• Most lithotrophs are found in areas like sea floors or underground water sources where chemical food sources are found.

Examples of Heterotrophs

1. Fungi

  • Fungi are a group of eukaryotes that depend on dead and decaying matter for their food as well as energy.
  • Fungi are organoheterotrophic organisms that use complex organic compounds as their electron source.
  • Fungi make up the decomposers in the food chain, where they consume dead and decaying organisms and release simpler molecules so that those can be utilized by the autotrophs.
  • These are mostly found in dry and arid environments, and these occur in the soil where most dead and decaying components are located.
  • There is a large number of fungal species that can be aerobic or anaerobic, and depending on the availability of oxygen, these produce different levels of energy from organic compounds.

2. Photoheterotrophic cyanobacteria

  • Photoheterotrophic cyanobacteria are a group of microorganisms that have superior photosynthetic efficiency and minimum growth requirements.
  • These bacteria cannot use carbon dioxide as a source of carbon, but they can use solar energy for the transfer of electrons in the electron transport chain.
  • The bacteria occur in aquatic or damp environments where they feed on the organic compounds produced by autotrophic aquatic organisms.
  • These are increasingly studied due to their ability to produce a large amount of energy in the presence of sunlight.

3. Iron-reducing bacteria

  • Iron-reducing bacteria are bacteria that metabolize reduced iron to oxidized iron compounds to produce energy.
  • The energy obtained from the process is then utilized for absorption of carbon source and metabolism.
  • These bacteria have been proposed to be used for decontamination of metal or metalloid polluted environments.
  • Even though iron-reducing organisms are associated with extreme environments, these can occur in other areas as well.
  • The occurrence of these bacteria in extreme environments is due to the occurrence of the inorganic compounds in such environments.

4. Animals

  • Animals make up the most important group of heterotrophs in the environment as these occupy the maximum number of trophic levels in the food chain.
  • All animals are heterotrophic, but their dependency on the autotrophs might differ as some depend on autotrophs while others are indirectly dependent.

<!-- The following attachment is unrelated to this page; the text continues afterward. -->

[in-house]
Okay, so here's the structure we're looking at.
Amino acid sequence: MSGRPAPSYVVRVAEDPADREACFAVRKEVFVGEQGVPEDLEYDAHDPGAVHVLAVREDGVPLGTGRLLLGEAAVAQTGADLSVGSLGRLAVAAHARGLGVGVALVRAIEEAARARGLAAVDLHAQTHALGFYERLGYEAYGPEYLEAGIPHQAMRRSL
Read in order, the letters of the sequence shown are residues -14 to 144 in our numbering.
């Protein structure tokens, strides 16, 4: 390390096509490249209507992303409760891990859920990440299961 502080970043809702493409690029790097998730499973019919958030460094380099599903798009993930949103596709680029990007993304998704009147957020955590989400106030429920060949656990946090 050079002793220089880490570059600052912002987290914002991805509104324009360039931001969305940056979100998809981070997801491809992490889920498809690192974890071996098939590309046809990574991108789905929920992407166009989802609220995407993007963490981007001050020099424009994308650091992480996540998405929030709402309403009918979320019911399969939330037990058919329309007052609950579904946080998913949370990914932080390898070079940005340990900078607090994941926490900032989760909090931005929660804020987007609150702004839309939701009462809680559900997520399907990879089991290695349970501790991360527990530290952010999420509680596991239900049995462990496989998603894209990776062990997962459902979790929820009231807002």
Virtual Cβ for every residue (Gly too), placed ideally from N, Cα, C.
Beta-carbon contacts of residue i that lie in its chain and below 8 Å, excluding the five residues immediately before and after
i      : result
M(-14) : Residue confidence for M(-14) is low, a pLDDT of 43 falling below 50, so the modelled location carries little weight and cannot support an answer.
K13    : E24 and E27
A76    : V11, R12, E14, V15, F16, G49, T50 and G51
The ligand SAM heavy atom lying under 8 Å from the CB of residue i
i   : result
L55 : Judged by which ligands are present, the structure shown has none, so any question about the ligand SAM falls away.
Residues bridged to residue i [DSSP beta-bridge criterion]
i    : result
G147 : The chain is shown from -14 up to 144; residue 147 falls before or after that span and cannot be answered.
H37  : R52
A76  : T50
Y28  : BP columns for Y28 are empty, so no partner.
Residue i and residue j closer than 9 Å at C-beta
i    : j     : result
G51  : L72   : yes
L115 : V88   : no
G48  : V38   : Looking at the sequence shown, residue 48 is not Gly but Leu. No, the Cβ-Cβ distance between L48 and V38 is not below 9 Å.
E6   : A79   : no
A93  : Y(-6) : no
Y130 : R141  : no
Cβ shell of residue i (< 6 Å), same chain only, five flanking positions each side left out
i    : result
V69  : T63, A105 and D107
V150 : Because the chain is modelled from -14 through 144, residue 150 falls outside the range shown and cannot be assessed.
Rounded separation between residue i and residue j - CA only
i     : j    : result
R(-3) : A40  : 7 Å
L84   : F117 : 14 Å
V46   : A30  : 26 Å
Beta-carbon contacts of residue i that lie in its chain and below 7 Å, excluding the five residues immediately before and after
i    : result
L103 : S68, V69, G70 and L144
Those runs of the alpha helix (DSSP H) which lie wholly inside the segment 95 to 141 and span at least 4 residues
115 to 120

• Herbivorous animals feed on autotrophic organisms like plants and phytoplanktons to obtain both energy as well as food.
  • Carnivores, in turn, feed on herbivores, indicating an indirect dependency on the autotrophs.
  • The organic compounds are taken up by the organisms, which are then broken down into simpler molecules by different mechanisms.

Heterotrophs in the Food Chain

  • Heterotrophs are the largest group of living organisms in the food chain, occupying multiple trophic levels.
  • The second trophic level is occupied by consumers that directly feed on autotrophs so as to begin the transfer of energy in the system.
  • The heterotrophs on the third trophic levels are secondary consumers that feed on primary consumers. These are the more complex group of organisms that feed on organic compounds.
  • Decomposers are another important group of organisms residing at the higher trophic levels in the ecosystem. These are an essential group of heterotrophs that feed on dead and decaying materials to release the inorganic compounds back to the environment.
  • Each trophic level transfers 10% of the energy while the rest of the energy is stored in the trophic level as biomass.
Trophic Level pyramid
Created with BioRender.com

Important Viva Questions on Heterotrophs

  1. What are Heterotrophs?
  2. Define Heterotrophs.
  3. What are the types of Heterotrophs?
  4. Write 4 examples of Heterotrophs.
  5. Where are Heterotrophs in the Food Chain?

References and Sources

  • Singh, Vipin & Singh, Asha & Singh, Rishikesh & Kumar, Ajay. (2018). Iron oxidizing bacteria: insights on diversity, mechanism of iron oxidation and role in the management of metal pollution. Environmental Sustainability. 1. 10.1007/s42398-018-0024-0.
  • Emerson D, Fleming EJ, McBeth JM. Iron-oxidizing bacteria: an environmental and genomic perspective. Annu Rev Microbiol. 2010;64:561-83. doi: 10.1146/annurev.micro.112408.134208. PMID: 20565252.
  • Cockell C.S. (2011) Lithotroph. In: Gargaud M. et al. (eds) Encyclopedia of Astrobiology. Springer, Berlin, Heidelberg. https://doi.org/10.1007/978-3-642-11274-4_903
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About Author

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Anupama Sapkota

Anupama Sapkota has a bachelor’s degree (B.Sc.) in Microbiology from St. Xavier's College, Kathmandu, Nepal. She is particularly interested in studies regarding antibiotic resistance with a focus on drug discovery.